Last week it happened again. A prominent Christian organization drew their line in the sand against the apparently looming threat of homosexuality. If you didn’t catch the news, InterVarsity Christian Fellowship, “an inter-denominational, evangelical Christian campus… working with students and faculty on U.S. college and university campuses,” announced that they will fire any of their staff workers who hold affirming views of LGBTQ relationships (first reported in Time Magazine).
When I heard the news, I took to Twitter to express the pain I was feeling. I must have struck a nerve, as the subsequent thread generated over 35,000 hits – this from a guy whose typical tweet attracts two or three courtesy ‘likes.’ 😅 I’m reproducing it here in serial form:
InterVarsity responded the Twitter backlash with a series of tweets to quell the response, claiming that the Times article was inaccurate (it wasn’t), lamenting the pain LGBTQ people have experienced at the hands of Christians (you think?), but doubling down on their insistence that their non-affirming stance is the only one that is scriptural. The coup de grace – referring to LGBTQ people who agree with their theology, as if that’s the end of the story.
Well, not for me. Seriously – are they implying that those who DON’T embrace their theology are somehow taking the easy way out?
My InterVarsity staff worker was the first person I “came out” to – scare quotes because it wasn’t exactly “I’m gay,” but rather “I struggle with homosexual temptation” (the “struggle” phrasing apparently was a common trope). His response was compassionate, reassuring, but ultimately conditional based on me embracing their LGBT ideology. As long as I toed the line, they were happy to have me. I served as a small group leader and in several leadership positions, including chapter president, during my undergraduate years, and after graduating committed myself to pursuing full-time Christian work. And while that didn’t go so well (as detailed in My World Vision), I did nevertheless end up married, with kids, and working full-time for a Christian organization. So I think from their perspective, they would say that “things worked out.”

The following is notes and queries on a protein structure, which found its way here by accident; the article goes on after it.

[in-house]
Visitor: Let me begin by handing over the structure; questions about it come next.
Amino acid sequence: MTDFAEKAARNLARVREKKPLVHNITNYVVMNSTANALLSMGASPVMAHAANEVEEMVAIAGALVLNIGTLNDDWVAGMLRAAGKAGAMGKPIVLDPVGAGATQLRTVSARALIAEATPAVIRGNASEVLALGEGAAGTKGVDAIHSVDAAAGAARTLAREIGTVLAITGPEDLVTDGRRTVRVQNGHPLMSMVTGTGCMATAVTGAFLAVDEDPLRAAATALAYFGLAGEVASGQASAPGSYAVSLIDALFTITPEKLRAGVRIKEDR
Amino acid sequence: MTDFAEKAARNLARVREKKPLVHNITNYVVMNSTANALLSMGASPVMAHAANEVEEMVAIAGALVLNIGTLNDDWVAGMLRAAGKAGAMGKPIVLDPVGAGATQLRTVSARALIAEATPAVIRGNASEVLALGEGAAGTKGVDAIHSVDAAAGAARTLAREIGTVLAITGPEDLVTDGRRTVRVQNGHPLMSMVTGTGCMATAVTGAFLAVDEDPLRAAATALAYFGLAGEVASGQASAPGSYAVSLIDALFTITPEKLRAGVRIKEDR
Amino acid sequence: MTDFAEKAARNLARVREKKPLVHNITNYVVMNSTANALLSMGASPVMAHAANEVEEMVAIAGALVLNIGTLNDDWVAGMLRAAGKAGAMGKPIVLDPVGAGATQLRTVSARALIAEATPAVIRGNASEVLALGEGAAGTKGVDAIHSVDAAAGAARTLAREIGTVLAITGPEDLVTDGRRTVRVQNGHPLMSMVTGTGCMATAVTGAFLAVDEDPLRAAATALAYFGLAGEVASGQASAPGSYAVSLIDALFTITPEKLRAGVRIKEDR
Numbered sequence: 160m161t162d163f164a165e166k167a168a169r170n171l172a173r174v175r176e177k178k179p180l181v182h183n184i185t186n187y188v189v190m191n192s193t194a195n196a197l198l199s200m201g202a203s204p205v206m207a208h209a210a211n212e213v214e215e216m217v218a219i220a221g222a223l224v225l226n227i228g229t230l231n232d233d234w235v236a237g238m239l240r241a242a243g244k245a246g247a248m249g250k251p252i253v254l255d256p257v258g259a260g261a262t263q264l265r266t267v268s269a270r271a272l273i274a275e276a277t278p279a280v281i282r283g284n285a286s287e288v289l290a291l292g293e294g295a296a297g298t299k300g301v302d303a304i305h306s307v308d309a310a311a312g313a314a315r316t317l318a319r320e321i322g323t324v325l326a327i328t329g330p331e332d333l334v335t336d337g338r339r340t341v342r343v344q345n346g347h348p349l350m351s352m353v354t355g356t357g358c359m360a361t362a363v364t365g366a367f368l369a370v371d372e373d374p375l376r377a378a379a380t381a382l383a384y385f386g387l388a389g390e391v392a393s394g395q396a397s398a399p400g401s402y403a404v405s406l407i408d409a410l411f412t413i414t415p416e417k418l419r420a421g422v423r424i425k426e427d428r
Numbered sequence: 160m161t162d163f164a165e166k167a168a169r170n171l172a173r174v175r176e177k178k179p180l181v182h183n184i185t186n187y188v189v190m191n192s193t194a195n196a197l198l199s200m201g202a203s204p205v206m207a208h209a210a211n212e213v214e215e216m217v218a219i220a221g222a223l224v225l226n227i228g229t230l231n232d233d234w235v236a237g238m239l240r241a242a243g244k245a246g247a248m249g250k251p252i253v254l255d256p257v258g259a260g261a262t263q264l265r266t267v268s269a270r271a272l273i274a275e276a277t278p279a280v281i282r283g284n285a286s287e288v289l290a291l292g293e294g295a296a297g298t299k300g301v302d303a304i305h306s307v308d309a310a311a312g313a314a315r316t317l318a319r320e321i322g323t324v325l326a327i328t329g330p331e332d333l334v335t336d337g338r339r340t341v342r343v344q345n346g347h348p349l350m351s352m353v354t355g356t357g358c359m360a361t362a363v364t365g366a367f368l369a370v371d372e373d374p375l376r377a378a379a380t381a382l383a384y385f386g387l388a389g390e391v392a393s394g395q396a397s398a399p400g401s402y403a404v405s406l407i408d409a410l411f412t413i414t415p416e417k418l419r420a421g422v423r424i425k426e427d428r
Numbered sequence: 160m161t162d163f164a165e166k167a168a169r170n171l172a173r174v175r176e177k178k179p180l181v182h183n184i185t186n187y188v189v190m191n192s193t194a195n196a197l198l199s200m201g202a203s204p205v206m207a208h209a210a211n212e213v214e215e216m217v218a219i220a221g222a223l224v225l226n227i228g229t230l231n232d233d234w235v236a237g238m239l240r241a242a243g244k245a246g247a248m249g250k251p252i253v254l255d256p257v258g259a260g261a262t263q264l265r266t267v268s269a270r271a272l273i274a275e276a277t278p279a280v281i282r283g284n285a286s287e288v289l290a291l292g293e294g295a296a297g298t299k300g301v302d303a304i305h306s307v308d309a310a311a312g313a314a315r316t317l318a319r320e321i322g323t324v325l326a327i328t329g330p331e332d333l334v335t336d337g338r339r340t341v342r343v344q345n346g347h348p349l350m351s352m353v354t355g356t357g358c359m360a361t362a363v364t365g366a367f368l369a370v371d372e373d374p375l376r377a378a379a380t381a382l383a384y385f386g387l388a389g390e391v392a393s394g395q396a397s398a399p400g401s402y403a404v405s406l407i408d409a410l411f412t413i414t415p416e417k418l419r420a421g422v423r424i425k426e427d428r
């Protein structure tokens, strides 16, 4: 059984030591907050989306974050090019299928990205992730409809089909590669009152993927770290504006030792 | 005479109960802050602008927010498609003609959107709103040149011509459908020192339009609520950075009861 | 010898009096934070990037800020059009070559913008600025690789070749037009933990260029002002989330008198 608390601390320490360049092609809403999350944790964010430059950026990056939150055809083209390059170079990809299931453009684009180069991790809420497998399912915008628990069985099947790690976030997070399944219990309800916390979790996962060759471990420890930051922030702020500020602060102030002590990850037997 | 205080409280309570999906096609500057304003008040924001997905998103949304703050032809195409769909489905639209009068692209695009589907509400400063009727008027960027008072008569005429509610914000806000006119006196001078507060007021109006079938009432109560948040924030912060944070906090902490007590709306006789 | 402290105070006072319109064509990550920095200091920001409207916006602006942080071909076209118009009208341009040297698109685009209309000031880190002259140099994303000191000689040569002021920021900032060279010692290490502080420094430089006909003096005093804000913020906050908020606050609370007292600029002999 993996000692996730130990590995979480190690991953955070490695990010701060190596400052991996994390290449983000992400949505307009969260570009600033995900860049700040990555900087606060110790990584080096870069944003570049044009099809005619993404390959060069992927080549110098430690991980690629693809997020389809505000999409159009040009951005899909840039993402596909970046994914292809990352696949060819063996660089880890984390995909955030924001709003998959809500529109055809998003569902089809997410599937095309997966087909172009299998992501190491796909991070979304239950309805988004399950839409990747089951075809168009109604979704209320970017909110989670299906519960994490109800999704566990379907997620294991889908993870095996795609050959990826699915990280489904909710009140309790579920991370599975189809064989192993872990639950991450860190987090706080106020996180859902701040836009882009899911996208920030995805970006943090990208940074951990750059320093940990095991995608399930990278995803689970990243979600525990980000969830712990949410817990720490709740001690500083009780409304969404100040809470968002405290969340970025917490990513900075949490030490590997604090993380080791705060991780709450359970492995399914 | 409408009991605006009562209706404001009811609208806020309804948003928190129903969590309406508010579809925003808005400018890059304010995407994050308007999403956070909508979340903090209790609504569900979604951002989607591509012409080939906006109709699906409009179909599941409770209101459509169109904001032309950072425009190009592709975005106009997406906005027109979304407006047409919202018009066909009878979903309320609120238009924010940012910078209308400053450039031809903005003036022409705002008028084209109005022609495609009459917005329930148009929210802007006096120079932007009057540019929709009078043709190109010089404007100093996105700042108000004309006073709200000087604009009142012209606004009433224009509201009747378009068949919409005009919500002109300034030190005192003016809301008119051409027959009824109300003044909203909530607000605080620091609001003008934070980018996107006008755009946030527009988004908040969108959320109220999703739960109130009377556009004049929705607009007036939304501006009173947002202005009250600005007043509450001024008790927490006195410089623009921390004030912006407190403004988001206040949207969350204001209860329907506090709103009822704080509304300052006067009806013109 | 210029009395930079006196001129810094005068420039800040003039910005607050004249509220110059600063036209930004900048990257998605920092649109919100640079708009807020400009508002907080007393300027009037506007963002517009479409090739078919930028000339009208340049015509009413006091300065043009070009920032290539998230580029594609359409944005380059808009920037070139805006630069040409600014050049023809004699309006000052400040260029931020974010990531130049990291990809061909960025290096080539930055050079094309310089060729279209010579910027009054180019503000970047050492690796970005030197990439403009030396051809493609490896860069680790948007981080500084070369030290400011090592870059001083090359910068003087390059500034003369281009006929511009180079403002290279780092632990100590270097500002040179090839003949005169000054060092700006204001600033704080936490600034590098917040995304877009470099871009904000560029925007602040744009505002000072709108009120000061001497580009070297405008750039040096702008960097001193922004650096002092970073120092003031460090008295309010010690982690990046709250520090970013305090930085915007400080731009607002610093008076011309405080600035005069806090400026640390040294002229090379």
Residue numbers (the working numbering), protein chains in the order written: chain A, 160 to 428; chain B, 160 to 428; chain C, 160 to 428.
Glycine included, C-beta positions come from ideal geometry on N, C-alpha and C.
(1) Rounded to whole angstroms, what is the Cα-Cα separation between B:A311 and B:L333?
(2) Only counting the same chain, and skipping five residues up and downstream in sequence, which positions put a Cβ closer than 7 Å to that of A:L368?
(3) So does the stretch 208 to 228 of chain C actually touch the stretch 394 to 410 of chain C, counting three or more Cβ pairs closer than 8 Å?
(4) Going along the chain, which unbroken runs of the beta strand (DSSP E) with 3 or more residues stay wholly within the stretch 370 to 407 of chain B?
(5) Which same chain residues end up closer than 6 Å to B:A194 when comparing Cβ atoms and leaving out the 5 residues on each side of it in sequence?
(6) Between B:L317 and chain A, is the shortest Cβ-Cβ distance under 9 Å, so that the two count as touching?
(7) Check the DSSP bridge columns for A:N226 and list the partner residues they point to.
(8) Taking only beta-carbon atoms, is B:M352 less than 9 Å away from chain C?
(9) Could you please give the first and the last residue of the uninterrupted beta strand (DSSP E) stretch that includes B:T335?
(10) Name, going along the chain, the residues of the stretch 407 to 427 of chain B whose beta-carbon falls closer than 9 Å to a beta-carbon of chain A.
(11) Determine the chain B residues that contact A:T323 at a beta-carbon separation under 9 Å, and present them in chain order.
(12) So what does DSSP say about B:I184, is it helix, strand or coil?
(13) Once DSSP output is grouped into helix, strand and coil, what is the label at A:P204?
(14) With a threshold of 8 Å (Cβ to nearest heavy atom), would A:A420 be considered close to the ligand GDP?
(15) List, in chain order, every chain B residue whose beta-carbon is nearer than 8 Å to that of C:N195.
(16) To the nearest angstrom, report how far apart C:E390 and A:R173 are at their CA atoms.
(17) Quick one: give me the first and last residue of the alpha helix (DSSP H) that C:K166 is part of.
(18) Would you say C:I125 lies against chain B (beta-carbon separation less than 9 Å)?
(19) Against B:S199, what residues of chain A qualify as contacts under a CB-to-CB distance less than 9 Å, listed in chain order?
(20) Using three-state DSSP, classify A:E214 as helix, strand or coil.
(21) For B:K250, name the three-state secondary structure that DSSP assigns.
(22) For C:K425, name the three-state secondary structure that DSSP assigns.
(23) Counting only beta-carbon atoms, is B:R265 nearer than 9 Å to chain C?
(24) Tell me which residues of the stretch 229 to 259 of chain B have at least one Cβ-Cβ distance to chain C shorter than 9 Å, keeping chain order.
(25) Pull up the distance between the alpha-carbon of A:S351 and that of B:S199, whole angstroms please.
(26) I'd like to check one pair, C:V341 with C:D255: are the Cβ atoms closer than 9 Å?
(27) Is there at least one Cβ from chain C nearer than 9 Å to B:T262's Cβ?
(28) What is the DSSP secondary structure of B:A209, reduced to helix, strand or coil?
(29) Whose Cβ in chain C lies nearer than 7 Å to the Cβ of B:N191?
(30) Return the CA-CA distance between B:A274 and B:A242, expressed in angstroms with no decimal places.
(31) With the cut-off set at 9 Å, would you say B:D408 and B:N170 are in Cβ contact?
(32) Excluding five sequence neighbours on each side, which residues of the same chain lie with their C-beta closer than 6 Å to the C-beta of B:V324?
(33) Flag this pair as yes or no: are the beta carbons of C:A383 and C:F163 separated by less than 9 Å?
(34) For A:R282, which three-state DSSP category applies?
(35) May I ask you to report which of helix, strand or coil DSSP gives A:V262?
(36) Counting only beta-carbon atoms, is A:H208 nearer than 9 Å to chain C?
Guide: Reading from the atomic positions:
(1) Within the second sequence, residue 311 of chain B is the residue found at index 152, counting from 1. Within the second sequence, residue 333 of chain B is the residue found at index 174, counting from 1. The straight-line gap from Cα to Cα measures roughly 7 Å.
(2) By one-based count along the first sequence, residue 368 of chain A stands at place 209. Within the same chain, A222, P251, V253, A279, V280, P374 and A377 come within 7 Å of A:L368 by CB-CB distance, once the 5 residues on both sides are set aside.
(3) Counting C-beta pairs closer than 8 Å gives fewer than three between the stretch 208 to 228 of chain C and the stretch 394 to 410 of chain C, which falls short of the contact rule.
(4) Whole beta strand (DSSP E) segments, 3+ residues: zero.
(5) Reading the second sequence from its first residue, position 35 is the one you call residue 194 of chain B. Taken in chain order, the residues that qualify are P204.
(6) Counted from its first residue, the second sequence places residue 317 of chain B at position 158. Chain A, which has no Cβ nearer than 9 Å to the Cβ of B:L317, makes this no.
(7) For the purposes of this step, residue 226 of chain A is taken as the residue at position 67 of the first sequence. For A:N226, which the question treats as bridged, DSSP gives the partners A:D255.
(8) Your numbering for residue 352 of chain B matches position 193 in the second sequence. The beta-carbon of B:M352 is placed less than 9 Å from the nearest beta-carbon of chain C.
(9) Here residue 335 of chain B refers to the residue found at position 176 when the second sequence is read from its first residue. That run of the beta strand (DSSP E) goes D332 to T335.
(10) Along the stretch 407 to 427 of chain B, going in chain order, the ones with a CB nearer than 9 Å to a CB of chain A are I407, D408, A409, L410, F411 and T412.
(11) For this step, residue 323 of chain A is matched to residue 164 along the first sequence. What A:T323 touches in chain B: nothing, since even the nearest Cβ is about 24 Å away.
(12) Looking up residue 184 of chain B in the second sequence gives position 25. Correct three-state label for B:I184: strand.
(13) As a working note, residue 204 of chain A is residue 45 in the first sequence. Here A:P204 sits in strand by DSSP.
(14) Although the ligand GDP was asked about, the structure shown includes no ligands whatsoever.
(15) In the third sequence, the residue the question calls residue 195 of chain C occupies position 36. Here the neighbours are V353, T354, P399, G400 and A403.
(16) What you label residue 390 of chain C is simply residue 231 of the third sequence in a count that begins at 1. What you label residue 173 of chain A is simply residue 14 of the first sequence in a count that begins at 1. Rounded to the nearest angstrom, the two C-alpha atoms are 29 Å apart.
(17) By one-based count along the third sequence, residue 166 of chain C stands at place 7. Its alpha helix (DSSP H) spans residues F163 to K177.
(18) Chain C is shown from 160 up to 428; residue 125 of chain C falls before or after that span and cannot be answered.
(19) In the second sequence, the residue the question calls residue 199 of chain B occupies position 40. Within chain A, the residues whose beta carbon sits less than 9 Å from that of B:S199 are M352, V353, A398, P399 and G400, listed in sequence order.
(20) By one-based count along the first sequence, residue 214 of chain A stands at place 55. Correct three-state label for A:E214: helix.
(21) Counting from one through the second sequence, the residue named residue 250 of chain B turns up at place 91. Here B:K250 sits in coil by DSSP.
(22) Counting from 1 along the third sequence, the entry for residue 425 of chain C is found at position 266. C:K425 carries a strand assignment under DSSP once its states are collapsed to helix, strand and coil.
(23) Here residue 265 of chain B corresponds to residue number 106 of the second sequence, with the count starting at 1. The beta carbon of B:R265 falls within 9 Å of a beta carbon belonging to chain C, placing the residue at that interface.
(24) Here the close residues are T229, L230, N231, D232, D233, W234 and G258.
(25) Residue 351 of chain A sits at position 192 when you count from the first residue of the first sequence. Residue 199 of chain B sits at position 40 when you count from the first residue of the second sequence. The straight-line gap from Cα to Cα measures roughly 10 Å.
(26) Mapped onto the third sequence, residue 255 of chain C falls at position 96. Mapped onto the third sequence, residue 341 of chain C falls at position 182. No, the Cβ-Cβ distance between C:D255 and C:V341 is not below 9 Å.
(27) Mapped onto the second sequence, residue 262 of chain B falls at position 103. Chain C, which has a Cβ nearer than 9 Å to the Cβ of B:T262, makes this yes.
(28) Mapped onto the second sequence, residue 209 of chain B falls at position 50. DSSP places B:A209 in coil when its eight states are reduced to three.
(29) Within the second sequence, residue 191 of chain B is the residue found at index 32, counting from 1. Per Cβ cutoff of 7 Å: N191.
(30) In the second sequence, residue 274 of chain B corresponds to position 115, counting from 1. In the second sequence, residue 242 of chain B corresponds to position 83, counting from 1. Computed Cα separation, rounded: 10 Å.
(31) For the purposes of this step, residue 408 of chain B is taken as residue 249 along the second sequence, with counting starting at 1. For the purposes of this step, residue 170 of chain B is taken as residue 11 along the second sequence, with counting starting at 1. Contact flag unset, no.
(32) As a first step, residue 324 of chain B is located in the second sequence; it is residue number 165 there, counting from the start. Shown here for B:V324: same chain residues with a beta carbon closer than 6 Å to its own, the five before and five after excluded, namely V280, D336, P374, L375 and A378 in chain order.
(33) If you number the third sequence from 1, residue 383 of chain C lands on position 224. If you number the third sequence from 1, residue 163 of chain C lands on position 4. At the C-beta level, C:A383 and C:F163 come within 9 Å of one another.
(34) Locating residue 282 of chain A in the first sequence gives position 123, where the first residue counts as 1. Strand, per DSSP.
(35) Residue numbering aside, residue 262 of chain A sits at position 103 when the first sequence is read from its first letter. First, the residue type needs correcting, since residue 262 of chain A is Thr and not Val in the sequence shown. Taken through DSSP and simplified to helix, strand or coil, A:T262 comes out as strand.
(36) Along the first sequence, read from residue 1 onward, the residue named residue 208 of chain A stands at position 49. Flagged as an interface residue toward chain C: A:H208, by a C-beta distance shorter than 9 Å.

It’s ironic. One of the main things that drew me to InterVarsity in the first place was its broadly ecumenical nature. Having grown up in a particular strand of evangelicalism, it was eye-opening for me to meet Catholics, Lutherans, Pentecostals, Episcopalians, and generally Christians of many different faith traditions that agreed on one thing at the core: we loved Jesus and wanted to be transformed by knowing him. It didn’t matter that we disagreed on a whole host of theological points; what we had in common was more important.
Somehow THIS has become their test of orthodoxy. Not views on war or life or charity or compassion; but only what you think of gay people. How did it come to this?